Seroprevalence of avian influenza in Baltic common eiders (Somateria mollissima) and pink-footed geese (Anser brachyrhynchus)

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  • Su Shiung Lam, Henan Agricultural University, Universiti Malaysia Terengganu
  • ,
  • Rune Skjold Tjørnløv
  • ,
  • Ole Roland Therkildsen
  • Thomas Kjær Christensen
  • Jesper Madsen
  • Tobias Daugaard-Petersen
  • ,
  • Jose Maria Castaño Ortiz, Norwegian University of Science and Technology
  • ,
  • Wanxi Peng, Henan Agricultural University
  • ,
  • Maël Charbonneaux
  • ,
  • Esteban Iglesias Rivas
  • ,
  • Svend Erik Garbus
  • ,
  • Peter Lyngs, Christiansø Scientific Field Station
  • ,
  • Ursula Siebert
  • Rune Dietz
  • Kristina Maier-Sam, Justus Liebig University Giessen
  • ,
  • Michael Lierz, Justus Liebig University Giessen
  • ,
  • Ingunn M. Tombre, Norwegian Institute for Nature Research
  • ,
  • Emilie U. Andersen-Ranberg, Department of Veterinary Clinical Sciences, Københavns Universitet
  • ,
  • Christian Sonne

Blood plasma was collected during 2016–2018 from healthy incubating eiders (Somateria molissima, n = 183) in three Danish colonies, and healthy migrating pink-footed geese (Anser brachyrhynchus, n = 427) at their spring roost in Central Norway (Svalbard breeding population) and their novel flyway through the Finnish Baltic Sea (Russian breeding population). These species and flyways altogether represent terrestrial, brackish and marine ecosystems spanning from the Western to the Eastern and Northern part of the Baltic Sea. Plasma of these species was analysed for seroprevalence of specific avian influenza A (AI) antibodies to obtain information on circulating AI serotypes and exposure. Overall, antibody prevalence was 55% for the eiders and 47% for the pink-footed geese. Of AI-antibody seropositive birds, 12% (22/183) of the eiders and 3% (12/427) of the pink-footed geese had been exposed to AI of the potentially zoonotic serotypes H5 and/or H7 virus. AI seropositive samples selected at random (n = 33) showed a low frequency of serotypes H1, H6 and H9. Future projects should aim at sampling and isolating AI virus to characterize dominant serotypes and virus strains (PCR). This will increase our understanding of how AI exposure may affect health, breeding and population viability of Baltic common eiders and pink-footed geese as well as the potential spill-over to humans (zoonotic potential).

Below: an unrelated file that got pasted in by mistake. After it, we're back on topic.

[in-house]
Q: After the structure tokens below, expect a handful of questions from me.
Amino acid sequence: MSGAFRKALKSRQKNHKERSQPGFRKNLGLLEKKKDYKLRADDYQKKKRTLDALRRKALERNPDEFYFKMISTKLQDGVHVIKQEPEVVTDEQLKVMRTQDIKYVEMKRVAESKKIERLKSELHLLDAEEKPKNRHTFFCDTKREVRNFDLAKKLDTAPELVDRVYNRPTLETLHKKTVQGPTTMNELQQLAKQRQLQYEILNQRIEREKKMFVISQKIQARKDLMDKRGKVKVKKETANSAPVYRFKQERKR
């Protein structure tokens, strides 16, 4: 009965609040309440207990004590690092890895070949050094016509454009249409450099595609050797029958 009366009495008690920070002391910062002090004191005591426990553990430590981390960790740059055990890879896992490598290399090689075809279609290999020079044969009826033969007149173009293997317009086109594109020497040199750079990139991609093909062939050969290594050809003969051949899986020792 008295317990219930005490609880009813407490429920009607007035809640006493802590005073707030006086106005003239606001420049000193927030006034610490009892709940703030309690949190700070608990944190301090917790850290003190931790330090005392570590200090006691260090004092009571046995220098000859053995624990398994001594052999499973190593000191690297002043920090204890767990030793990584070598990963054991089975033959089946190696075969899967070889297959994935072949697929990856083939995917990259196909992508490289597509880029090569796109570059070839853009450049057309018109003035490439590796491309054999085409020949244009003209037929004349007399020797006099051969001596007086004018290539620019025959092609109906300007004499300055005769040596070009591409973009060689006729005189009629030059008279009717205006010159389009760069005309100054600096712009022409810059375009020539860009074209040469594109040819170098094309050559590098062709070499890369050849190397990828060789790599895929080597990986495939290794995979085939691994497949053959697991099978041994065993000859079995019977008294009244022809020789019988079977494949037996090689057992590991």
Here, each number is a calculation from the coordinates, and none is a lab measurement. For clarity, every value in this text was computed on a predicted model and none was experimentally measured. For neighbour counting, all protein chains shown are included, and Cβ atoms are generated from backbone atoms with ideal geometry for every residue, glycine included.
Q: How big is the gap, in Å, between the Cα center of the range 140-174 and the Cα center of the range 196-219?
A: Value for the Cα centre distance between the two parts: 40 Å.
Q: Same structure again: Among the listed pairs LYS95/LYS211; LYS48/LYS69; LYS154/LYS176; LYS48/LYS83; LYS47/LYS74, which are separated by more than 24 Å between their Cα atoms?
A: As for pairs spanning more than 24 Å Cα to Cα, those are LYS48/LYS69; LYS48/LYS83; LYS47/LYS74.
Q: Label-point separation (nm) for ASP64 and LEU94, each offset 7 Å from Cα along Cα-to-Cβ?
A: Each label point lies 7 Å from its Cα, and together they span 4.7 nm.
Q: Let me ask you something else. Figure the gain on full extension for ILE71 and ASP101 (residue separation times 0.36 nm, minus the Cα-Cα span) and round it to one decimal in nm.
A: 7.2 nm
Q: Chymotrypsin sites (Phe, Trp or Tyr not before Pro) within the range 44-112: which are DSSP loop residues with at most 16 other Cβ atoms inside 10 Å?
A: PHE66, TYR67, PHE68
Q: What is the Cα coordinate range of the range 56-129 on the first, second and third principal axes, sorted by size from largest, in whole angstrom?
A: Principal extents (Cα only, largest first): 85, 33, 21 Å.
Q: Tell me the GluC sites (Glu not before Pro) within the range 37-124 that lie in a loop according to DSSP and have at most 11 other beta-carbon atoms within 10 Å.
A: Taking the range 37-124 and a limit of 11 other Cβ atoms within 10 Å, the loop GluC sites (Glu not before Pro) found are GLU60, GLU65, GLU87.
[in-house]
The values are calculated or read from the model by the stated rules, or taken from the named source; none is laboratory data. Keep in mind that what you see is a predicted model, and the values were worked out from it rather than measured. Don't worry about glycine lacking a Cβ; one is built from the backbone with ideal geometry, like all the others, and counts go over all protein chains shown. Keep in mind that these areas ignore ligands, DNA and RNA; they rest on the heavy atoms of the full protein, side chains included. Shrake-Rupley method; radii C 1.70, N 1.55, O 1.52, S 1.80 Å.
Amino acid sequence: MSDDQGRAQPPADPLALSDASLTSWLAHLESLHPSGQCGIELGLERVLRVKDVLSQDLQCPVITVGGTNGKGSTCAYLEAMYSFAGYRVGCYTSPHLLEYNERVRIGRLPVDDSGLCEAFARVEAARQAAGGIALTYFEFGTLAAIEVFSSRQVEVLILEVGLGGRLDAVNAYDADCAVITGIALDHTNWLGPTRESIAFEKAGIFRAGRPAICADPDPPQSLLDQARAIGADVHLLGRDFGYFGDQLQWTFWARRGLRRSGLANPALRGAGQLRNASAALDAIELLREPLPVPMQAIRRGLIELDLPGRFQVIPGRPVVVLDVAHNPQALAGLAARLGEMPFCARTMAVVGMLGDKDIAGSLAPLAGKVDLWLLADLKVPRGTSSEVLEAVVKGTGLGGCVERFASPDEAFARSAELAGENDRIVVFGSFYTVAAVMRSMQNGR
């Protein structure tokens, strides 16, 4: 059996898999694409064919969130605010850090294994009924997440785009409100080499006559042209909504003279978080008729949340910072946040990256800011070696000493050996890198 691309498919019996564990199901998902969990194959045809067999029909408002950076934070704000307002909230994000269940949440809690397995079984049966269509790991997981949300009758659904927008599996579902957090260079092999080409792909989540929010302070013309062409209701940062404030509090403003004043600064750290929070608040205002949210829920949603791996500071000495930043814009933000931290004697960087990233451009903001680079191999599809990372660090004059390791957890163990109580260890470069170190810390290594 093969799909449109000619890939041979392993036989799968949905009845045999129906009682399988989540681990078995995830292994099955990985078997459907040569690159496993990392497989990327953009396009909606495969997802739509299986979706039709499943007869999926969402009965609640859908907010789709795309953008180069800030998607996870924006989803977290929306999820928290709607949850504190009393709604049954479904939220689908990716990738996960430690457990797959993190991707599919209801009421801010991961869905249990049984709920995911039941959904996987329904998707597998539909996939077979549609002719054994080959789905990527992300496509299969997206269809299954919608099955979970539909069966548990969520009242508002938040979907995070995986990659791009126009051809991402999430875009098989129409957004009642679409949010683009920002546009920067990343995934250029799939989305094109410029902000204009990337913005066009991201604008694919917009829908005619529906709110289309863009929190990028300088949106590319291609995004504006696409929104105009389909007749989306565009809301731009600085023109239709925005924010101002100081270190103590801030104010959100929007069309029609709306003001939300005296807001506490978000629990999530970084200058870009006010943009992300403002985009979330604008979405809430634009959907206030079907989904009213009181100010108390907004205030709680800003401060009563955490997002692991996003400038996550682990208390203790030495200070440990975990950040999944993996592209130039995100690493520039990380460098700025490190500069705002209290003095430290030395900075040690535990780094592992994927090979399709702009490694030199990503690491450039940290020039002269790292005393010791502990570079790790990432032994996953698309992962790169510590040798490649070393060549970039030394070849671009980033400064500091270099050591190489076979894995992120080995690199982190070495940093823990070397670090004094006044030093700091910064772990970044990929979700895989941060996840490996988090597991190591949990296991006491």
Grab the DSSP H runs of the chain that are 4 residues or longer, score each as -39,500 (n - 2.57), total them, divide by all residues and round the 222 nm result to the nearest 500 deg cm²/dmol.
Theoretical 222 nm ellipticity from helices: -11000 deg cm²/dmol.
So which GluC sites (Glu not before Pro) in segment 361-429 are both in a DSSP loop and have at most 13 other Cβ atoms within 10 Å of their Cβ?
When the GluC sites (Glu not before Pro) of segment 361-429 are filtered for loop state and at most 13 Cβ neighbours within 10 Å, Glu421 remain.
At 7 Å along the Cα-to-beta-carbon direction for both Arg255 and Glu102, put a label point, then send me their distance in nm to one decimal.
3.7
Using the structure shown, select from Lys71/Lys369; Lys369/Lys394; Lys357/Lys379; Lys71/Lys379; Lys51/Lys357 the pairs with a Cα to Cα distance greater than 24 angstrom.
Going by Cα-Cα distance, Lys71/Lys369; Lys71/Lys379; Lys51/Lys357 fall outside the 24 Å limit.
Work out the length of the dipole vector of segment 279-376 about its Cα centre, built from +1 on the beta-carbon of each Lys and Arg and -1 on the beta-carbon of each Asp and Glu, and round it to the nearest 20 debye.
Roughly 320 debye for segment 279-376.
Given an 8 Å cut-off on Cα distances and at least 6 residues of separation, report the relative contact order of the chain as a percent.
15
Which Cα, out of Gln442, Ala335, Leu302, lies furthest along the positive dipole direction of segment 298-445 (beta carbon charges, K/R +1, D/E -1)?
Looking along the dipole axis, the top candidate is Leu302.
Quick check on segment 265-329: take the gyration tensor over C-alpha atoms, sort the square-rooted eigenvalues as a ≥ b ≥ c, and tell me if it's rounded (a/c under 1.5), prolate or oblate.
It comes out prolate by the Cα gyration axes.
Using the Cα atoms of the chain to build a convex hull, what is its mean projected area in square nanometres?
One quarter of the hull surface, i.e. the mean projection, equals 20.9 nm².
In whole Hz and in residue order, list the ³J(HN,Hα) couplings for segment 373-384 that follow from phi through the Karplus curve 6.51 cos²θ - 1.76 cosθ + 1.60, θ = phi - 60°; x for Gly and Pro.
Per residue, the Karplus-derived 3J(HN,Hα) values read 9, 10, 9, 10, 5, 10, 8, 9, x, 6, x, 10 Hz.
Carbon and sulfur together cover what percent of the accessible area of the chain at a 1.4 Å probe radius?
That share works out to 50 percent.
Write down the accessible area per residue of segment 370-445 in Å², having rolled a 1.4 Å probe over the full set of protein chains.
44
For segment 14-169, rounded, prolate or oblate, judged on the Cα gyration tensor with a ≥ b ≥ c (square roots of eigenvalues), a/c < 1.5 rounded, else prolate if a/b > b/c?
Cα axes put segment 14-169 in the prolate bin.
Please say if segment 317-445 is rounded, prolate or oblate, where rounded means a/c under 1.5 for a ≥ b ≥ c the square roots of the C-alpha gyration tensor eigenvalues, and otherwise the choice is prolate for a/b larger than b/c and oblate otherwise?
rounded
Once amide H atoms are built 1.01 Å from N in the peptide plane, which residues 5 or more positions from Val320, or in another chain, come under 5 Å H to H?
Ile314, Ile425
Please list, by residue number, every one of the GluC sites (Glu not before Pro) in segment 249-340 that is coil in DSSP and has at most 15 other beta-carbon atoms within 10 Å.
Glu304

OriginalsprogEngelsk
Artikelnummer105873
TidsskriftEnvironment International
Vol/bind142
ISSN0160-4120
DOI
StatusUdgivet - sep. 2020

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